When Mark Zuckerburg announced Facebook platform in May 2007, it spurned a lot of companies and developers and millions of dollars worth of business. Every such business on that announcement was based on half a billion Facebook users and the advertisements and revenue based on products marketing henceforth.
Meanwhile, Mark Pincus and his team founded Zygna in January 2007. They received $29 million in venture capital from several companies in July 2008. After acquiring YoVille - the largest social networking game at that time - they had 60 million daily active users.
After a rapid growth in revenue, after Zynga launched in Facebook to capitalize on its user base, by 2010 Zynga had 13 studios spread all over the world, 1100 employees and owned 4 of the most popular 5 games on Facebook.
Following was the growth chart of Zynga from 2008 till 2010.
Zynga generated revenue primarily in two ways:
• From the sale of virtual goods, which were used as currency within Zynga's online games and were items that helped the player in the gameplay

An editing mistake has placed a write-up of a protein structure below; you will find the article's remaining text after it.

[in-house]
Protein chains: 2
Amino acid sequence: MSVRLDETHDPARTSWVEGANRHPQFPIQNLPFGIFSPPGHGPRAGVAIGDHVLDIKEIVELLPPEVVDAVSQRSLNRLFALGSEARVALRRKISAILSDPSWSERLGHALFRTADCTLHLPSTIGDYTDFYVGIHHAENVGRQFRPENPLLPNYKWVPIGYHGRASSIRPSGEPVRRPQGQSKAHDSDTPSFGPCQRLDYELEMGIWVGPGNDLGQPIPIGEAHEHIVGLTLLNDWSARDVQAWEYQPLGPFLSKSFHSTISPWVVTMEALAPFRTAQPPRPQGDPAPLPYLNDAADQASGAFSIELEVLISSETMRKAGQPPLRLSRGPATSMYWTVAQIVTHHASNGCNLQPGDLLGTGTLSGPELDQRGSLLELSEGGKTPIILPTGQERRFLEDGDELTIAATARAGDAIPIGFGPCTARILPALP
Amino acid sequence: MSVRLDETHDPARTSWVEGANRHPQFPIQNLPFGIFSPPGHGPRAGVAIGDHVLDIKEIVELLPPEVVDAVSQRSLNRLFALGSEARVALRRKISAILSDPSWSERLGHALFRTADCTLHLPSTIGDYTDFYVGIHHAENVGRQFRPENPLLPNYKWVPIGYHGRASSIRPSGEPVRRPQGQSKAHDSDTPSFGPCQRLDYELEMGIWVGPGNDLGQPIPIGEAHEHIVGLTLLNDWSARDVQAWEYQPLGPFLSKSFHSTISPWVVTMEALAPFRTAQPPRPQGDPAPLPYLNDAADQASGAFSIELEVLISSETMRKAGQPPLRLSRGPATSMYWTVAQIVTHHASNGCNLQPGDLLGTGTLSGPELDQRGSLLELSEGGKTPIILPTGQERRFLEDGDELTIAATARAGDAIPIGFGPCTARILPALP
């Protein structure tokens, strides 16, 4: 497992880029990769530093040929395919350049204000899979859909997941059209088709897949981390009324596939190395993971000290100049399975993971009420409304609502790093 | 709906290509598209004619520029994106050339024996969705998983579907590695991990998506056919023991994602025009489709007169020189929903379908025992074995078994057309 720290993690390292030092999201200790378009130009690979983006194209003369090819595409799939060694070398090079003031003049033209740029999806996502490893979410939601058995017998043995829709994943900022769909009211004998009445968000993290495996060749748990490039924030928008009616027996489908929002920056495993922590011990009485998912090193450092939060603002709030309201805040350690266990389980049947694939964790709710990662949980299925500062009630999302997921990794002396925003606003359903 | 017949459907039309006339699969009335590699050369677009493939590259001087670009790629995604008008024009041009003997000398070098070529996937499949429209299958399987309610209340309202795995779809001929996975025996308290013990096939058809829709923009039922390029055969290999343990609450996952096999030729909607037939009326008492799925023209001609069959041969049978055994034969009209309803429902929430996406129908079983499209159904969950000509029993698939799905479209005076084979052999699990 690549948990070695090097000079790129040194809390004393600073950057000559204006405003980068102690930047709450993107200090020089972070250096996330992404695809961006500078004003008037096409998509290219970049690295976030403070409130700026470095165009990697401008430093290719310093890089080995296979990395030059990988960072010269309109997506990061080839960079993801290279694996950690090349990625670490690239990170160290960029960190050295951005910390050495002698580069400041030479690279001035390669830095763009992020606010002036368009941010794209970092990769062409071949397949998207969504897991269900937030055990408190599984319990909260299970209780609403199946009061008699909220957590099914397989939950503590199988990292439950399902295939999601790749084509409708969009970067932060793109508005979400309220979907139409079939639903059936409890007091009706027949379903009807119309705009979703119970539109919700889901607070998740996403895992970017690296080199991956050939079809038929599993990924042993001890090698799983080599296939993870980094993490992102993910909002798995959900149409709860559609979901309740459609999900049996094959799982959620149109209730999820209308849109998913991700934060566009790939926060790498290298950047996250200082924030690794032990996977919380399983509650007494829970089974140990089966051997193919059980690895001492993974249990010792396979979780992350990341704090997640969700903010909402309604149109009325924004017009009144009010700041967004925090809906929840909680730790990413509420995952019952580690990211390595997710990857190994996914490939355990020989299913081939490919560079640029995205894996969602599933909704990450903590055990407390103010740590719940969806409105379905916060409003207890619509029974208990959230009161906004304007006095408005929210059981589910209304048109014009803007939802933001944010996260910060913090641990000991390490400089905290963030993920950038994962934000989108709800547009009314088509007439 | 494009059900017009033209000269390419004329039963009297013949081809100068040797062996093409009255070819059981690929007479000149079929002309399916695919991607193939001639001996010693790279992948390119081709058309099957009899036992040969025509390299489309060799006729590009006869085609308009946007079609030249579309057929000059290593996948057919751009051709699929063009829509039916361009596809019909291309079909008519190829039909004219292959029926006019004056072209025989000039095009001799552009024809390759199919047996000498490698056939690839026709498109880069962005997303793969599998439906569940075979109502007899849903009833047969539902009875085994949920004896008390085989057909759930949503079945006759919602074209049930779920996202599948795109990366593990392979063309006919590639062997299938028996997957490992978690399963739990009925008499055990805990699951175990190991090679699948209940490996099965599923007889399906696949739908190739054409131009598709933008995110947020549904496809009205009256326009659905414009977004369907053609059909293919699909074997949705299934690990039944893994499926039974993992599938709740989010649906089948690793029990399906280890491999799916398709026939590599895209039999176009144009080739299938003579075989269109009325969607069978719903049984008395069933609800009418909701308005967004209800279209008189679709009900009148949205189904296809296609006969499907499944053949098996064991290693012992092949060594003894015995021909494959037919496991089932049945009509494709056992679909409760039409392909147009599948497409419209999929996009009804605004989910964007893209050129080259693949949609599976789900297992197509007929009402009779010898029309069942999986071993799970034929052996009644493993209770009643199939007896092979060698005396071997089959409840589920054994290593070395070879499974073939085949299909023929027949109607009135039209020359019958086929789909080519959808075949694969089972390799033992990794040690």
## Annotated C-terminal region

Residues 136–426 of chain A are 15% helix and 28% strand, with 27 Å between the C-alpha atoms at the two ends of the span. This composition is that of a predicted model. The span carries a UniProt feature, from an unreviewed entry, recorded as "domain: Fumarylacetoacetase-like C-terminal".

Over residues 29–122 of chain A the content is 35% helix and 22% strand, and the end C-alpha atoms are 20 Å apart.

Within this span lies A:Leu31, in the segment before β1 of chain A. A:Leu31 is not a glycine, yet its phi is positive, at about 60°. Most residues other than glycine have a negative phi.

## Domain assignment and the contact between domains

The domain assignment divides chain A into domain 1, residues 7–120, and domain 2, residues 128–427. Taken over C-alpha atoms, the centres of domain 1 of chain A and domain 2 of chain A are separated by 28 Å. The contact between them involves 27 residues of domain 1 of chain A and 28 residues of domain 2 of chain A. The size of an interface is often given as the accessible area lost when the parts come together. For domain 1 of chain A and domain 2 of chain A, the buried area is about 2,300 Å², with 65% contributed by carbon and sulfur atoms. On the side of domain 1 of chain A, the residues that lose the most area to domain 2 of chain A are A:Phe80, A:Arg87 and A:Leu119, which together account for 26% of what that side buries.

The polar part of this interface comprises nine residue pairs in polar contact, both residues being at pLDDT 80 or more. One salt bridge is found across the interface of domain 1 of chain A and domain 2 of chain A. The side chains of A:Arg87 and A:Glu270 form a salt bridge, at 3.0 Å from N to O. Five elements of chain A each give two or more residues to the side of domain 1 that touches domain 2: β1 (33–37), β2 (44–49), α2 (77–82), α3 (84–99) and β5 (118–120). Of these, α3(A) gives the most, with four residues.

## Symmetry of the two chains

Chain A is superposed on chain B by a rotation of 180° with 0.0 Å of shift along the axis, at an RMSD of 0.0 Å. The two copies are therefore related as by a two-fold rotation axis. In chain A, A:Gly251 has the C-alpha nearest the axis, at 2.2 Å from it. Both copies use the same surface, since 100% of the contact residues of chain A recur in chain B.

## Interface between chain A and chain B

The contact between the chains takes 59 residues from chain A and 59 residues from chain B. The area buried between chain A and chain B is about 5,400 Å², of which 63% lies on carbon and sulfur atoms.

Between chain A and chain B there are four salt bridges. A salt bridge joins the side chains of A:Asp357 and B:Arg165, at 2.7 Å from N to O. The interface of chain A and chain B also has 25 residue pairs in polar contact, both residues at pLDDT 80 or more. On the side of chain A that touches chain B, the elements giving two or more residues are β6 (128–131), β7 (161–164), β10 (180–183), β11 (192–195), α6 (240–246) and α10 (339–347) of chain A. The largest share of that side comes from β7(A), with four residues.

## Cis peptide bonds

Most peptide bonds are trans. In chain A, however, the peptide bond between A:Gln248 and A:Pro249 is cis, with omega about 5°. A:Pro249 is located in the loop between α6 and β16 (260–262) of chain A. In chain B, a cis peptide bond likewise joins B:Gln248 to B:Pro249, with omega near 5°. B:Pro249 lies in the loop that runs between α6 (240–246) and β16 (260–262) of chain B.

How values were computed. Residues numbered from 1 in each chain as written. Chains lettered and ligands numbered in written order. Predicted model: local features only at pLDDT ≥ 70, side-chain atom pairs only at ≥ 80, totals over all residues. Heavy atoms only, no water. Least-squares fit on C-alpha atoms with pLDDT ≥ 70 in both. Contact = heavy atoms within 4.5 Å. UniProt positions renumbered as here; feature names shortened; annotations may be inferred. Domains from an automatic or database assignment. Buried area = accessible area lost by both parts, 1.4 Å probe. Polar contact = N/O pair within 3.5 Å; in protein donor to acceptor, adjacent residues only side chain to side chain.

• From advertising, both in and around its games
Keeping in view the huge business model, Facebook and Zynga signed a five-year contract, giving Zynga exclusively use of Facebook credits and giving Facebook 30% revenue cut. Thus when, Zynga filed for IPO under SEC at $1billion. Investors were clearly worried about its dependence on Facebook.
Zynga did grow particularly fast in terms of revenue but the number of users in Q1 2010 were the same as the number of users in Q1 2011. Since more than 90% of Zynga’s earnings come from users converting real cash into proprietary currency, a stagnant user growth could imply a stagnant revenue model.
Plus the absolute control of Mark Pincus over the company is a worry for some investors. Over that, Electronic Arts is also concurrently booming as a competitor for Zynga after buying its rival Playfish for $275million. And since social gaming is more about gaining a huge initial base of users through massive advertising, which Zynga could dominate till now, EA could spell a lot of problems for it. And to reduce its dependence of Facebook, Zynga launched its most popular game CityVille to Facebook’s competitor Google+.
So… with a net worth of $15 billion, flat user growth, dominant CEO and major dependency on Facebook - are investors going to be invest prolifically in the public offering or not?